The Army began its prosecution in 2006 after a cold case detective with the Cumberland County Sheriff’s Office ordered DNA tests on the rape kit of Eastburn and on a blood sample from Hennis. That testing, conducted by the N.C. State Bureau of Investigation, matched Hennis’ DNA to sperm found in the rape kit, according to court documents.

The military has done further testing, lawyers said Monday.

A case pending at the U.S. Supreme Court was recently settled out of court, and the case withdrawn from consideration.  It appears that there has been a settlement of $12M, for prosecutorial misconduct.

"This means prosecutors who step outside their traditional role and who act as investigators (in criminal cases) can still be subject to civil rights lawsuits just as police would be."

Prosecutors are normally immune from lawsuits involving work during trials. The 8th U.S. Circuit Court of Appeals decided in McGhee vs. Pottawattamie County in 2008 that plaintiffs could sue prosecutors under civil rights statutes if the alleged wrongdoing arose from investigatory work before the trial started.

Discovery obligations apply to court-martial motions practice, for example when there is to be a suppression hearing.

The government has a mandatory duty to disclose evidence in its possession that is favorable to the defense, "either because it was exculpatory or of impeachment value . . . ." . The government breaches the duty established by Brady v. Maryland, 373 U.S. 83 (1963), and its progeny, including Giglio v. United States, 405 U.S. 150 (1972), when it withholds such evidence, either willfully or inadvertently, and the withheld evidence is found to be "material." Id. In the context of non-disclosed impeachment evidence, materiality is assessed in terms of whether the reliability of the witness in question may well be determinative of the outcome of the proceedings. See Pennsylvania v. Ritchie, 480 U.S. 39 (1987). That is, the evidence must be such that "there is a reasonable probability that, had the evidence been disclosed to the defense, the result of the proceeding would have been different." (quoting United States v. Bagley, 473 U.S. 667, 682 (1985)). Stated otherwise, "the relevant question is: ‘when viewed as a whole and in light of the substance of the prosecution’s case, did the government’s failure to provide . . . [the] Brady impeachment evidence to the defense . . . lead to an untrustworthy [result]. . . ." (some citations omitted).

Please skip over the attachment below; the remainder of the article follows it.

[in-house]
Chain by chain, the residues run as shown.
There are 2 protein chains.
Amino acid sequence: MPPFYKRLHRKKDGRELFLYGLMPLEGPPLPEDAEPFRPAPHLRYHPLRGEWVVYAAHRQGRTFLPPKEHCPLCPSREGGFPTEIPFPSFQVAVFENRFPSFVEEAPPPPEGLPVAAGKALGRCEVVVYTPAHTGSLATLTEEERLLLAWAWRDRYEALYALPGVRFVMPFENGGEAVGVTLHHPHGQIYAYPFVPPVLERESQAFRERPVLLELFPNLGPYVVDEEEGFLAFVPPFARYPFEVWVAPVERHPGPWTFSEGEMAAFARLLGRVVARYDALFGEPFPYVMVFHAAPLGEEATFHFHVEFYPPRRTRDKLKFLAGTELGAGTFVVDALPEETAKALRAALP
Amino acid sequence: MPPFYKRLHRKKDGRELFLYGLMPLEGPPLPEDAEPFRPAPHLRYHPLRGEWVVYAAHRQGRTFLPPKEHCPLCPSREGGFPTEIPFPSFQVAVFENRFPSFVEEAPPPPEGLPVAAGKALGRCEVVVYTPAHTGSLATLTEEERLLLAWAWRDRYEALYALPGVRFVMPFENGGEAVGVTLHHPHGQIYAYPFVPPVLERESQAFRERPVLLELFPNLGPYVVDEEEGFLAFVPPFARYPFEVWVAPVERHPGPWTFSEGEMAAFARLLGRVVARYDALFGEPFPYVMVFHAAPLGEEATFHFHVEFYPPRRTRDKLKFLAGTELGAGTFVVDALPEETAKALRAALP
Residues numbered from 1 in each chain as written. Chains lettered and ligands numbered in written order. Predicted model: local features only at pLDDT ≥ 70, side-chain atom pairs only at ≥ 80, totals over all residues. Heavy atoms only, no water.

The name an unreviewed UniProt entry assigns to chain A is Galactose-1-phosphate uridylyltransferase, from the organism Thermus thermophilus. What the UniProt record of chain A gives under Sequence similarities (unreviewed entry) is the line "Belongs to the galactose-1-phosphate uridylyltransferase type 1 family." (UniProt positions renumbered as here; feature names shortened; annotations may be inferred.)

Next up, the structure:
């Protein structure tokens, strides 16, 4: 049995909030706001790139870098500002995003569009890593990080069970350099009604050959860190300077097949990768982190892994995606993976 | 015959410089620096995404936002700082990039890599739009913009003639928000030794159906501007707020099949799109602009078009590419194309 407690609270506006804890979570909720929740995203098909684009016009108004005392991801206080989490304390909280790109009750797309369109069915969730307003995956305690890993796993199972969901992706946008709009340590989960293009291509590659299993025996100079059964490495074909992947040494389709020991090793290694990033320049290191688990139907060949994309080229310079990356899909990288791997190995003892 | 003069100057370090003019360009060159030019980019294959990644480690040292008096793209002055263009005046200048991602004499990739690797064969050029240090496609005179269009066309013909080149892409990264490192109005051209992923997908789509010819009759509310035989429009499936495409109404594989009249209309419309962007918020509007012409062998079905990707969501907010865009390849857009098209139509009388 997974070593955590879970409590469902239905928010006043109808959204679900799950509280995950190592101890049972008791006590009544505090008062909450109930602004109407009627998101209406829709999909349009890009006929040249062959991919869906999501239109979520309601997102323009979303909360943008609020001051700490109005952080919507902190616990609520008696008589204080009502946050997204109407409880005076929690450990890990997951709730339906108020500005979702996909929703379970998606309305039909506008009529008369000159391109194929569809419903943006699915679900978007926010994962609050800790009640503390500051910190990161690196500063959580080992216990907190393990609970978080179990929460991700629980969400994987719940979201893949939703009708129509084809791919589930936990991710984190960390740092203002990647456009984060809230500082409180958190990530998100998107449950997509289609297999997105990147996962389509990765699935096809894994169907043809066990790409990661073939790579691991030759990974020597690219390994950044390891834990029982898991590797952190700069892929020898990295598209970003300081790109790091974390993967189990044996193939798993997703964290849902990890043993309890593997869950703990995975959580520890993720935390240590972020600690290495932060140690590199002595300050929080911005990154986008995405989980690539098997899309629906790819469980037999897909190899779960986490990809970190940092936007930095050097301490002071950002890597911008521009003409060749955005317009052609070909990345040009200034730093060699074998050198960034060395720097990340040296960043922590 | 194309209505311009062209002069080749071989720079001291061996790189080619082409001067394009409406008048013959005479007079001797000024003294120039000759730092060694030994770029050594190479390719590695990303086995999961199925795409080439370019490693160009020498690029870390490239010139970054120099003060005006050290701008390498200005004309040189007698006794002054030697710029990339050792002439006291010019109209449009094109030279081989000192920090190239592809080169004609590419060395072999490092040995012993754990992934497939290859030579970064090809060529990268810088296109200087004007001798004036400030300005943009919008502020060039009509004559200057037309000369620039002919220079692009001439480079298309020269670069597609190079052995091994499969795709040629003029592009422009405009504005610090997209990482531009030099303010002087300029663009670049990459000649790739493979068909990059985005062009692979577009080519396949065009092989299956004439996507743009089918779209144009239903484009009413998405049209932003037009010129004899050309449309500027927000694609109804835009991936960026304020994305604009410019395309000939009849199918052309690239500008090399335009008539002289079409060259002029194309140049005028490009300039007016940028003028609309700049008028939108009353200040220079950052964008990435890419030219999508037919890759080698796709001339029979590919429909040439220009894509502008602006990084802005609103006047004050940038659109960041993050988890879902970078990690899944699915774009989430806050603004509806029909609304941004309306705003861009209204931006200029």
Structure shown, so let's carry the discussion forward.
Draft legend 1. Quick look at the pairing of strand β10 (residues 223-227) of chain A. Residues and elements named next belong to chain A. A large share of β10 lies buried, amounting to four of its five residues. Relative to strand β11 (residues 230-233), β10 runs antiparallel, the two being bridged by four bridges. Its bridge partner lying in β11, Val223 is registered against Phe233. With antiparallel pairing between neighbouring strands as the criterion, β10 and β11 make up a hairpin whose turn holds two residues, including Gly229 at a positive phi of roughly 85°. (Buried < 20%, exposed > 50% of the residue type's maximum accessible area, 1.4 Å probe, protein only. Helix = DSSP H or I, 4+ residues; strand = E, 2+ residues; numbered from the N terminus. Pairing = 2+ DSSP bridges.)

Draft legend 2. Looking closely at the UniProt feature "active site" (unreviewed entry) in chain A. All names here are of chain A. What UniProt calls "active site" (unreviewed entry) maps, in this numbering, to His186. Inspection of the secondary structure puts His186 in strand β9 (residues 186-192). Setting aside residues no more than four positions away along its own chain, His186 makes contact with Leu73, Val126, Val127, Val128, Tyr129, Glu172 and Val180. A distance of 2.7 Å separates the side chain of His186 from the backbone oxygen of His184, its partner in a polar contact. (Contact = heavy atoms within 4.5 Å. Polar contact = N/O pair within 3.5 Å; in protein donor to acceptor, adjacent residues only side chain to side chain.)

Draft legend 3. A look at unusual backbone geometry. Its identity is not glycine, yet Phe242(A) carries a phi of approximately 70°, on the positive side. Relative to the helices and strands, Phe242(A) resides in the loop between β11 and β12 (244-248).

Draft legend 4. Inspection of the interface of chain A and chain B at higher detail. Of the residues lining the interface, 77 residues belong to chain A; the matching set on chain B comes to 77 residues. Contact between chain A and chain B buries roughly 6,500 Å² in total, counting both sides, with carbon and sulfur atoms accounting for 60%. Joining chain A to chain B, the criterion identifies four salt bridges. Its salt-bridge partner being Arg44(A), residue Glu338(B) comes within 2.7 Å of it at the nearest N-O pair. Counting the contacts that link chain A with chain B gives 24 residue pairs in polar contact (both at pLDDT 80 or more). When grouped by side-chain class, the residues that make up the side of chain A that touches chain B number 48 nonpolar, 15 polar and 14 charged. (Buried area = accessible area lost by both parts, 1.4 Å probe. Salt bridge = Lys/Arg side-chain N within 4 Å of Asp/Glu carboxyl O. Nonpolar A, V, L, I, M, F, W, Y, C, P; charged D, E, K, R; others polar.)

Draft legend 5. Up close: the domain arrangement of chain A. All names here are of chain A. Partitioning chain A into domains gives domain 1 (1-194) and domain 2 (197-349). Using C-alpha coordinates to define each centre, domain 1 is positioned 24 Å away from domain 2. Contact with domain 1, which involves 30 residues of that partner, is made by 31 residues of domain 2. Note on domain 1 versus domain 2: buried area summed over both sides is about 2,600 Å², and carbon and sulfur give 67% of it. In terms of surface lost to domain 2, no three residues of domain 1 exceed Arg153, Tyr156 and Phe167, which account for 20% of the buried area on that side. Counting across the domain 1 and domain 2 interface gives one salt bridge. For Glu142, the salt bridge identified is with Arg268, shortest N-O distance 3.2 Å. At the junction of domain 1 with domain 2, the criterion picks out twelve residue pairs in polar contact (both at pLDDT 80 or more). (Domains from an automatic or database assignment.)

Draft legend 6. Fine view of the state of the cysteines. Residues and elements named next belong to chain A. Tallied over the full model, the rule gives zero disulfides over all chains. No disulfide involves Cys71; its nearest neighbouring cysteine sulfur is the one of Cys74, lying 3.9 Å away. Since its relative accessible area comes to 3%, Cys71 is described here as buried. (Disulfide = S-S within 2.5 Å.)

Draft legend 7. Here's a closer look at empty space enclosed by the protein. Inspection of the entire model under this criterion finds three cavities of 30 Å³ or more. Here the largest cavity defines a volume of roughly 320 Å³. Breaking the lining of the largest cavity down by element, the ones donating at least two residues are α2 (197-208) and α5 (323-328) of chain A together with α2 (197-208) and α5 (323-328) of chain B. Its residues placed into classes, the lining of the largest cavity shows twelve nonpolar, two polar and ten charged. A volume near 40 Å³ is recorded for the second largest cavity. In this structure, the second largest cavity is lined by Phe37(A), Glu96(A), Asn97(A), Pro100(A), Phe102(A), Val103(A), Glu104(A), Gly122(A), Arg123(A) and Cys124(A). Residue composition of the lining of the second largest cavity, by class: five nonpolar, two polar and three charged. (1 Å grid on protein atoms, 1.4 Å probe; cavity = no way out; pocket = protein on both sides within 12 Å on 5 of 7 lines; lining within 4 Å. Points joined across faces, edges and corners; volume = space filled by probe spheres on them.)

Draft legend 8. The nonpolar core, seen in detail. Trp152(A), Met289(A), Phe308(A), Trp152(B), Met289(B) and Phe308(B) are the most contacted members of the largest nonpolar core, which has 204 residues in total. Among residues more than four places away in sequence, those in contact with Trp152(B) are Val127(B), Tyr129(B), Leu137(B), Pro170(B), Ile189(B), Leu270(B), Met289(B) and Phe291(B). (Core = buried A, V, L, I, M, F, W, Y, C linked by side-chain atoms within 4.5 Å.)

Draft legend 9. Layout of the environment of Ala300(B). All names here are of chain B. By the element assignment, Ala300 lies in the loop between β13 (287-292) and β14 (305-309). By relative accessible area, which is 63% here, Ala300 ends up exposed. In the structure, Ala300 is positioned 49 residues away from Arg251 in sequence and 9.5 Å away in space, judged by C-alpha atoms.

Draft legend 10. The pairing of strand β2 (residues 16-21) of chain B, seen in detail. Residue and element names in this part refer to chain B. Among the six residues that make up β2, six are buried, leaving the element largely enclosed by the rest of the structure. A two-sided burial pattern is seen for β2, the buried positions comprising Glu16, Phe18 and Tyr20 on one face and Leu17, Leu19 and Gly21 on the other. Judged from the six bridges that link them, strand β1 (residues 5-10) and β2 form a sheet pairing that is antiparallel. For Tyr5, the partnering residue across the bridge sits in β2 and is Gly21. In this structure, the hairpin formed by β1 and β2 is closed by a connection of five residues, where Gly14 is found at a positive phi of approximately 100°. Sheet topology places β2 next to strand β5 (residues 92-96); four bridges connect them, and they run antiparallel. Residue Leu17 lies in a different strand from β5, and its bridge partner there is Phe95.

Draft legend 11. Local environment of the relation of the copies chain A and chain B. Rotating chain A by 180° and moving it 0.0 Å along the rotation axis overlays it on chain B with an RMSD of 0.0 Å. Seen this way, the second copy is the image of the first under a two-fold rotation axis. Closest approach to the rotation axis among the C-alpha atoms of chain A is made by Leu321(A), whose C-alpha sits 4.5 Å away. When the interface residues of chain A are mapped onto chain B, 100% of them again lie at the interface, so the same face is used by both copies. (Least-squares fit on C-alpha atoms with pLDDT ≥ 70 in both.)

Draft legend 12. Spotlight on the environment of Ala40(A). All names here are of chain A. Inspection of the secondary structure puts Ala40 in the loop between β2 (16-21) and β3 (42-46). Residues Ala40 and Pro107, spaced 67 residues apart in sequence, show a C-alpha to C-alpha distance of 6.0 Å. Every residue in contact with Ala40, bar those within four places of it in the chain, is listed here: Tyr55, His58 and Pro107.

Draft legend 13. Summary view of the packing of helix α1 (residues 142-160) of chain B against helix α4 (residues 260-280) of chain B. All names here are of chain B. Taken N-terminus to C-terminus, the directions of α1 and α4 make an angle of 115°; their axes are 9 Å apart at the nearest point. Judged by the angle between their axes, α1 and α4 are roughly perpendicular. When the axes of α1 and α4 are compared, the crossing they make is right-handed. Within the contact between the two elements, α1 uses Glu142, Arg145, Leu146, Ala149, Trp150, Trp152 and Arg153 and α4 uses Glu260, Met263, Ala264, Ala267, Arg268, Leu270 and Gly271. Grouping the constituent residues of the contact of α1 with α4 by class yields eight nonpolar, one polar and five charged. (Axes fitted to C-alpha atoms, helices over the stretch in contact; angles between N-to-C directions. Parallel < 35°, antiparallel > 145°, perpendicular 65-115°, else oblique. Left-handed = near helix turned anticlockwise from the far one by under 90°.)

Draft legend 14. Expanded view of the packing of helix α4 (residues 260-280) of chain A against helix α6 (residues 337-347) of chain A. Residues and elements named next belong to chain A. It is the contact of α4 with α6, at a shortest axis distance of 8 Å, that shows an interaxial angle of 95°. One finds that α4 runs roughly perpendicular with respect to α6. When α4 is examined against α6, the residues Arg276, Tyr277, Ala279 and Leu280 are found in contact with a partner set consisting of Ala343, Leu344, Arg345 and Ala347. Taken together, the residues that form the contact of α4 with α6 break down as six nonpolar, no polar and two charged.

United States v. Best, No._________, 2009 U.S. Dist. LEXIS 119802, at *19–20 (M.D. Pa. Dec. 23, 2009).

Why am I not surprised by Issue III.  See one of my earlier blogs — The Prosecutor’s Gamble.  I’ve blogged several times about trial counsel “suppression” of evidence or information favorable to the defense, despite frequent public relations statements and appellate cases lauding the more open discovery to which a court-martial accused is entitled to under the UCMJ. 

The military justice system provides for broader discovery than required by practice in federal civilian criminal trials. See United States v. Williams, 50 M.J. 436, 439-40 (C.A.A.F. 1999).